Author: Charlie

Georgia Earns Top Marks For Workforce Development

Governor Brian Kemp’s office has sent word that Georgia has been named the top state for workforce development in the South Atlantic Region, according to Site Selection Magazine. Availability of qualified workers, and the state’s ability to train workers to meet demands, is often a key criteria in overall competitiveness rankings when publications like Site

GA Budget Hearings Begin Today

Good morning. As Teri noted in the Morning Reads, it is budget week in Georgia. For Legislators, borrowing a phrase from yesterday, it’s a week on, not a week off. This year in particular. To be charitable, there’s a bit of daylight between the Governor’s office and the legislature on the budget, and there are

Eggs & Issues Recap

This morning some of us had to be dressed up and downtown for a program that started at 7:30am. I’m not bitter, just tired. To be honest, not a lot of news and fewer than normal tea leaves were provided with the now traditional Chick Fil A chicken biscuits. Governor Kemp mostly recapped successes of

Governor Kemp Makes 30 Appointments

Via press release from the office of Governor Brian Kemp: Atlanta, GA – Today Governor Brian P. Kemp conducted swearing-in ceremonies for thirty (30) Georgians to serve on various state boards, councils, and commissioners. Board of Education Phenna Rene Petty recently retired from her role as the Career Technical and Agricultural Education Director of Murray County, after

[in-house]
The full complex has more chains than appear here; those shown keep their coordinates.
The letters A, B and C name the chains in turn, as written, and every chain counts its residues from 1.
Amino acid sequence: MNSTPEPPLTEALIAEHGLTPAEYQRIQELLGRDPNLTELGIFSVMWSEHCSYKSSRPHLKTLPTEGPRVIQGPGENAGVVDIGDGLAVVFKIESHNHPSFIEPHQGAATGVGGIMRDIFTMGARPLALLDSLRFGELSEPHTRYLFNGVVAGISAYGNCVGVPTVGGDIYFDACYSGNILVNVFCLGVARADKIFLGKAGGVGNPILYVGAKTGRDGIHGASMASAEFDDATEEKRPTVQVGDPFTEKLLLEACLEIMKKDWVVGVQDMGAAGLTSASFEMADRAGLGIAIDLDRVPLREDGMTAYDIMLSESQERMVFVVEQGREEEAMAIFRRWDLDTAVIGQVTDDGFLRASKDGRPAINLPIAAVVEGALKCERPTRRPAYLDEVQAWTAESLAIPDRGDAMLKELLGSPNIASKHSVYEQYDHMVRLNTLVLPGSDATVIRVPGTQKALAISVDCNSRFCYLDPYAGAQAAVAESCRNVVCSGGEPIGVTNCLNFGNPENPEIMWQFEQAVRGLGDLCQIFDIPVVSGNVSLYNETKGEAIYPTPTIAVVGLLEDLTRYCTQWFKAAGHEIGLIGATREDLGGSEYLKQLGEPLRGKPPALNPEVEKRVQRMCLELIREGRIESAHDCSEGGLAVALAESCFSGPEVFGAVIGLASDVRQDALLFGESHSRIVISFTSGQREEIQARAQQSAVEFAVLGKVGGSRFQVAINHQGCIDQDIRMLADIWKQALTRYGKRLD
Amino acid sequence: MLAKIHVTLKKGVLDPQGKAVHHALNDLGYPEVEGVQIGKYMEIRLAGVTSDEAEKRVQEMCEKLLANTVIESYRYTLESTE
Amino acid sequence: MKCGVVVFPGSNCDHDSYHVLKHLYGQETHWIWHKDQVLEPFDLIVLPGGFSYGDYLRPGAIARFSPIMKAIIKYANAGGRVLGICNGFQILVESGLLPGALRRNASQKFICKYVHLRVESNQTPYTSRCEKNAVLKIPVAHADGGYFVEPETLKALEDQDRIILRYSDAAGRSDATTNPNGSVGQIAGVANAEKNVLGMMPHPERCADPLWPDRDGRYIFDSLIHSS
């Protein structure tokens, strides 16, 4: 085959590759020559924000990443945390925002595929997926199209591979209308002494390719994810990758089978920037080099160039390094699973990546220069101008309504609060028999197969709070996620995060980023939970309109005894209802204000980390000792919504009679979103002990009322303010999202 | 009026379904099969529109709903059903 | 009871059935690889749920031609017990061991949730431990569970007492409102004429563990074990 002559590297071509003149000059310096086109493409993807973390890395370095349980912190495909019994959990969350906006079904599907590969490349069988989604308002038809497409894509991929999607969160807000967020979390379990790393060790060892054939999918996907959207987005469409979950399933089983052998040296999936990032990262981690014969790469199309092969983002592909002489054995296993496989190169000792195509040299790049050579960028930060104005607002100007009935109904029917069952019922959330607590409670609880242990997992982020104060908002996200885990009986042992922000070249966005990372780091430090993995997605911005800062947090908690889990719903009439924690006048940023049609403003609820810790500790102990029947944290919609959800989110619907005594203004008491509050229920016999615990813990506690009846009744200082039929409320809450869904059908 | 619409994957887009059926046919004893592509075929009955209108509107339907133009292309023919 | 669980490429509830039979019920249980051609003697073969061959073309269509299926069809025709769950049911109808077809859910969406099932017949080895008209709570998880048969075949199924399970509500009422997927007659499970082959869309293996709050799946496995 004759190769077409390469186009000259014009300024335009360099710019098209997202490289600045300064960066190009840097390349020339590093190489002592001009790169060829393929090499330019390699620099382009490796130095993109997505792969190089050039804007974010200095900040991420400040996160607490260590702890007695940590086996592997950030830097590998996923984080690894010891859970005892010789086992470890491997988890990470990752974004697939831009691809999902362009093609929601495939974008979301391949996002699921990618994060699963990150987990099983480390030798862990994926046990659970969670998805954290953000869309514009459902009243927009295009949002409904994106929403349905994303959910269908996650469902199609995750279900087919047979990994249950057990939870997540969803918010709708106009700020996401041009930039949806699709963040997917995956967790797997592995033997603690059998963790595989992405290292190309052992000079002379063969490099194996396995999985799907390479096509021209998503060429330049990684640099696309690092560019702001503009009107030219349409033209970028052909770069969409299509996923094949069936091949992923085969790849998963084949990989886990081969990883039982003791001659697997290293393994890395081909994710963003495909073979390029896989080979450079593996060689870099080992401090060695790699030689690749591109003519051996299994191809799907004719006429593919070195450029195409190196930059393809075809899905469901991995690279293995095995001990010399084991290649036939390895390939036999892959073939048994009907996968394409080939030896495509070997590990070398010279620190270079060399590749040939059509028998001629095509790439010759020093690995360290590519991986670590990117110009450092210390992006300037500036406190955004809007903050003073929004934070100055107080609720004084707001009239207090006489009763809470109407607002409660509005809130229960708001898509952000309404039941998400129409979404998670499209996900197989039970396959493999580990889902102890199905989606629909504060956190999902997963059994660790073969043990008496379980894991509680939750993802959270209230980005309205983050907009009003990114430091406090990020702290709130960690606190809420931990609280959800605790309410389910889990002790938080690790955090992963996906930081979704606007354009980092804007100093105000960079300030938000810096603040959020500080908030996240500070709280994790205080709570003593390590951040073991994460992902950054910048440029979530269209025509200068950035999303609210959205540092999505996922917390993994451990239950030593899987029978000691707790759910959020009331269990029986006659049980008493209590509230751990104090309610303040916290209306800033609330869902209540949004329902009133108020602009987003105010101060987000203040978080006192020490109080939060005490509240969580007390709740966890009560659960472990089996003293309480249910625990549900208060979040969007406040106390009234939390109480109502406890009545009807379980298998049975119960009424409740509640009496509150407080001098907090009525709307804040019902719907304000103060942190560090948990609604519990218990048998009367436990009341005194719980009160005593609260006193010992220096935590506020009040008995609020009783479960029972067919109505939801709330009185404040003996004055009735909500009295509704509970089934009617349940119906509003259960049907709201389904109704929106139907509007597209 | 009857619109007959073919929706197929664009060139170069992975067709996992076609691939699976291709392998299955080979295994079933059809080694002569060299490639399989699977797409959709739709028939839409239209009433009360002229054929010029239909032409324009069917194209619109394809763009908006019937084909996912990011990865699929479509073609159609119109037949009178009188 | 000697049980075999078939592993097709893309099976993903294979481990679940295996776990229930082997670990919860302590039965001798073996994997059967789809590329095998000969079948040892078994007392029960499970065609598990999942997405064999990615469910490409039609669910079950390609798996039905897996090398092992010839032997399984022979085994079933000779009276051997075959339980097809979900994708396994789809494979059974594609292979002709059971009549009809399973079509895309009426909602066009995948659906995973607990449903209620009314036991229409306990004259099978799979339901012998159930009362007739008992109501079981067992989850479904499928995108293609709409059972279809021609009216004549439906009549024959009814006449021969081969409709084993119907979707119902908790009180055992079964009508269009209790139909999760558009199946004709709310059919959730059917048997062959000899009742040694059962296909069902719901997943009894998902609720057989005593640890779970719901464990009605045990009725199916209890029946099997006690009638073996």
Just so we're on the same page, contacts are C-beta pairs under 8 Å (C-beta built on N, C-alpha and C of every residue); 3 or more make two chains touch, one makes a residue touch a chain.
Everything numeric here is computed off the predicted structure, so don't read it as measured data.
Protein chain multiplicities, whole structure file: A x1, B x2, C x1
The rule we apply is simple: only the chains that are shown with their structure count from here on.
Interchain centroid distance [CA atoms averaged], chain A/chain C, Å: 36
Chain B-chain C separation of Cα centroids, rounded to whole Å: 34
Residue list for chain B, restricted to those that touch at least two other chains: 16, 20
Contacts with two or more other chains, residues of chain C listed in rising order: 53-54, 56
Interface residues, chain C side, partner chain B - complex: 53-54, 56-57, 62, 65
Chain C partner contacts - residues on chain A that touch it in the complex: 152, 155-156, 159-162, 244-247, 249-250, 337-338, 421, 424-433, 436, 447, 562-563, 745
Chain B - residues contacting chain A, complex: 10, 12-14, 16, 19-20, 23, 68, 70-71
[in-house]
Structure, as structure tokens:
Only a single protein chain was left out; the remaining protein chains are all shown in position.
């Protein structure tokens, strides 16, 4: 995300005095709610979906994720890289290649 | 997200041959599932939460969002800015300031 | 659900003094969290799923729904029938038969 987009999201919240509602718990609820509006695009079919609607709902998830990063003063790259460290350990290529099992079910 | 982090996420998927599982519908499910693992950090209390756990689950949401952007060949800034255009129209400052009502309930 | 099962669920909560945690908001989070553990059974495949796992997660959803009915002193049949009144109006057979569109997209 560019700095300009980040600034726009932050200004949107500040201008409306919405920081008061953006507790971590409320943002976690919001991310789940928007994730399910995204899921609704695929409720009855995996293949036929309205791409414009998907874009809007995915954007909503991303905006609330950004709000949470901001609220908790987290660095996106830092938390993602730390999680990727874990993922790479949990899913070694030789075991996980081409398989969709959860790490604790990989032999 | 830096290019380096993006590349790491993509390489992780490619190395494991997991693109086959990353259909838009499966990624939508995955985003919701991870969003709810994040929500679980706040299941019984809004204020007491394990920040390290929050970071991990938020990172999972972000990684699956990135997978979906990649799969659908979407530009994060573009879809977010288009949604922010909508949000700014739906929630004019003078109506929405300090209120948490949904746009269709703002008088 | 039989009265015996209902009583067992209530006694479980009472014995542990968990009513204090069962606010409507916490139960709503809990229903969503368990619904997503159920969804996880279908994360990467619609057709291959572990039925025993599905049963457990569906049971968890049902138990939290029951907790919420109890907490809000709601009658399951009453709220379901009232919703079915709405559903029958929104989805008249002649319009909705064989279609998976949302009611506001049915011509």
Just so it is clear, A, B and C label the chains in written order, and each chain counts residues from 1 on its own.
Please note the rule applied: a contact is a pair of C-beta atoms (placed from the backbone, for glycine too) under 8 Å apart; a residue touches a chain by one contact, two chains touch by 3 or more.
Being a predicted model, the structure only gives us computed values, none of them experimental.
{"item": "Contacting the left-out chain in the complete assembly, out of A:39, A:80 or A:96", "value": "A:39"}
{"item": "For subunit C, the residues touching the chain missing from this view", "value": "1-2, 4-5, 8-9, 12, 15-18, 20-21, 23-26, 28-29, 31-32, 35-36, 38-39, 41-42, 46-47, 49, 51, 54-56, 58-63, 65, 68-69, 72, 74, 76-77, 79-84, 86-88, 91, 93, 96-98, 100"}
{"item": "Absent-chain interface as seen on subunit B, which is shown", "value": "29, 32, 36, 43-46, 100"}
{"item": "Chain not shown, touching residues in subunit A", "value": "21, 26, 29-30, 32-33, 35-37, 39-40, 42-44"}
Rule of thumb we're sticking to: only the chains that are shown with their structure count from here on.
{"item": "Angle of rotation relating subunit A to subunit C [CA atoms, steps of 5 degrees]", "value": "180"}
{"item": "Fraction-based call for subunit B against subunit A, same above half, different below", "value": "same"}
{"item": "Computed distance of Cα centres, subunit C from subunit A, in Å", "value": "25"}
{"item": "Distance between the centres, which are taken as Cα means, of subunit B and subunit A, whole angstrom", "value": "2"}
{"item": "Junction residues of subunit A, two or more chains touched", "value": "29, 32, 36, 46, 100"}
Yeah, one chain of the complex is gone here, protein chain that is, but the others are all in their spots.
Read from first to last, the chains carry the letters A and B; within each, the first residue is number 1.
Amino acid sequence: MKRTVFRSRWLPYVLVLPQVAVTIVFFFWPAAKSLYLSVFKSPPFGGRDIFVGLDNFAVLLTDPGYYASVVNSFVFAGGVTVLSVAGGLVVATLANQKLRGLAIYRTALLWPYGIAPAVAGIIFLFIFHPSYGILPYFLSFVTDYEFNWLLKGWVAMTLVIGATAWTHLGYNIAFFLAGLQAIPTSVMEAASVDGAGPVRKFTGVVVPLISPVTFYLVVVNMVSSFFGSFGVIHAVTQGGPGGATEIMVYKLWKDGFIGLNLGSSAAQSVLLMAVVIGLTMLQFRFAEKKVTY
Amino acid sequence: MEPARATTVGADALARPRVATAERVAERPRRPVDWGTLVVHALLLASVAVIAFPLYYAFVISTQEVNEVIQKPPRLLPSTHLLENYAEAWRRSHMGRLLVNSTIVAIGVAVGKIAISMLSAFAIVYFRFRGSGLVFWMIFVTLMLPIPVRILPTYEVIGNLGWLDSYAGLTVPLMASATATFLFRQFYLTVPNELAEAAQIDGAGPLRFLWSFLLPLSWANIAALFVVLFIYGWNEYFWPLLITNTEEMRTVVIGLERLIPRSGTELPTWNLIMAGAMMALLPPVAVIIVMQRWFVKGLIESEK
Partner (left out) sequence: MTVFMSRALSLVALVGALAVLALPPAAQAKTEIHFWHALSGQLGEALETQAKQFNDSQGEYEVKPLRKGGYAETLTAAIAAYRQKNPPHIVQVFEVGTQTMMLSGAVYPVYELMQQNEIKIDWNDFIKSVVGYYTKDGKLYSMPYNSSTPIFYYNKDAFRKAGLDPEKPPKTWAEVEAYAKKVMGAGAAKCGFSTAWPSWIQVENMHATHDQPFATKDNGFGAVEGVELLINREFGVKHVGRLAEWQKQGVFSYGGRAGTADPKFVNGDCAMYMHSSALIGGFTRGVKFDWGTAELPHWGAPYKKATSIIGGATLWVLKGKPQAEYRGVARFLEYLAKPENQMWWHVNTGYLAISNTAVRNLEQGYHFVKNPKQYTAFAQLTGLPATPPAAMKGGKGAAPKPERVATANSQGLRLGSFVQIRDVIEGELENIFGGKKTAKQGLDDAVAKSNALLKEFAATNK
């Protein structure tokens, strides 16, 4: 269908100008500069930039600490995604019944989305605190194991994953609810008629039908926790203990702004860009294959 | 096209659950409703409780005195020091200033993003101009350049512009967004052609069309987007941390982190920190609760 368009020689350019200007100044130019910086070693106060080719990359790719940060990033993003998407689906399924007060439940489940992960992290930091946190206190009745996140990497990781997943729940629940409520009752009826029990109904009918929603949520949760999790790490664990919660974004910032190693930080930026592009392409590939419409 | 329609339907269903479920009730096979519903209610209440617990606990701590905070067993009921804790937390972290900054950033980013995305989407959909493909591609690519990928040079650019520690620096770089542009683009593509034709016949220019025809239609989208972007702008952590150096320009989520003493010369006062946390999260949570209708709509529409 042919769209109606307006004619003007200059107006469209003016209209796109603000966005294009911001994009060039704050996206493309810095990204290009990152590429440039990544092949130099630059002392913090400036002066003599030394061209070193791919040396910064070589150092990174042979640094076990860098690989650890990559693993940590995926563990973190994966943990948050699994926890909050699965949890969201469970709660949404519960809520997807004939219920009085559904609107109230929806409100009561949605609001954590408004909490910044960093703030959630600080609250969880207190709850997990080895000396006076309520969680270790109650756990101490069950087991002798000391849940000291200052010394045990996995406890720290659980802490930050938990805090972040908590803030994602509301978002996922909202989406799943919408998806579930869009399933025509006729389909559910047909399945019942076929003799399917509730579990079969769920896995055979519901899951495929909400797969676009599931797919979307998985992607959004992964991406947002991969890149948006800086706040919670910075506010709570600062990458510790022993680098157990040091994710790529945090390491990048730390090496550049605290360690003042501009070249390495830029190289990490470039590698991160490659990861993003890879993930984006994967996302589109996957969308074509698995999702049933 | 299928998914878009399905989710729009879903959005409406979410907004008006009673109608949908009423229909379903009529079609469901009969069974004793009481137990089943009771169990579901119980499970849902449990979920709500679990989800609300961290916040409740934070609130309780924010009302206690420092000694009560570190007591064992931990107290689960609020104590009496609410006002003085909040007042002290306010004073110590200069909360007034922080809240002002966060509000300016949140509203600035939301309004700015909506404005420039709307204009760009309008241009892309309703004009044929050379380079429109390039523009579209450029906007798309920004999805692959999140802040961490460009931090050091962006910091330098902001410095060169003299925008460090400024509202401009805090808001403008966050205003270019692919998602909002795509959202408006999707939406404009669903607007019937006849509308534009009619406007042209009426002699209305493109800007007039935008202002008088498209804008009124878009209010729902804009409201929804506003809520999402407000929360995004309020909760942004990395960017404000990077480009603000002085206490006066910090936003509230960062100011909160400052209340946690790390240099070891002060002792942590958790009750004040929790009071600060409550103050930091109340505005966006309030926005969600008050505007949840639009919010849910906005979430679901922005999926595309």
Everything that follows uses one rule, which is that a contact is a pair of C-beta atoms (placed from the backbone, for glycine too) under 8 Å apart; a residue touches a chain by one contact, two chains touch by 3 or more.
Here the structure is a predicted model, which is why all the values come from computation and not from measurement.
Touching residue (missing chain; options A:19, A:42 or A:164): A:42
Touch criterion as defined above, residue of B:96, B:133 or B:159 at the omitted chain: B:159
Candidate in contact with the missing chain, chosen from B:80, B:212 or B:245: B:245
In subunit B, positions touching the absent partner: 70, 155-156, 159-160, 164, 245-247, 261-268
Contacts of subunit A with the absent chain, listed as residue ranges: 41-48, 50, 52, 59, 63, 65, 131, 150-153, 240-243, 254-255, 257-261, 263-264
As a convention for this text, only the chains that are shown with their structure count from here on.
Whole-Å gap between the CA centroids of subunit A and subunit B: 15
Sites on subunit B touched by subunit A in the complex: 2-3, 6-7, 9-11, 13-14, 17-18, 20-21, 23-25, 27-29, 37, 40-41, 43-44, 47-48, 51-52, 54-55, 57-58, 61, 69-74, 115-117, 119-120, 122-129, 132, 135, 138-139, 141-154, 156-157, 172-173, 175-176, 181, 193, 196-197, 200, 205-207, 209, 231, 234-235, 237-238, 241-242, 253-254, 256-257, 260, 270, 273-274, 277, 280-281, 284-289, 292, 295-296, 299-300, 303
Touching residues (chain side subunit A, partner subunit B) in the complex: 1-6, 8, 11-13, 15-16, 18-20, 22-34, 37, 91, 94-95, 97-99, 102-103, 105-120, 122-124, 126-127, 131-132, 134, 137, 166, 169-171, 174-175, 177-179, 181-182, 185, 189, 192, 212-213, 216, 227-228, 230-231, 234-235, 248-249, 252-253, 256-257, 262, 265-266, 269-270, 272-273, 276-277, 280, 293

“The Calendar”

Teri was kind enough to post the “adjournment resolution” agreed upon by the House and Senate yesterday in the Morning Reads. For those new to the Georgia General Assembly or those that haven’t delved deep into the sausage making process, let’s take a few minutes to explain what it means, and what tea leaves we

Leaders Reveal Priorities For Legislative Session

This week’s Courier Herald column: Legislators from across the state reconvened in Atlanta this week for the 2020 session of the Georgia General Assembly. Tensions remain higher than average among Georgia’s leaders as tight budgets force competition among everyone’s priorities.  They’ll have to work harder than normal to present a unified front for the majority’s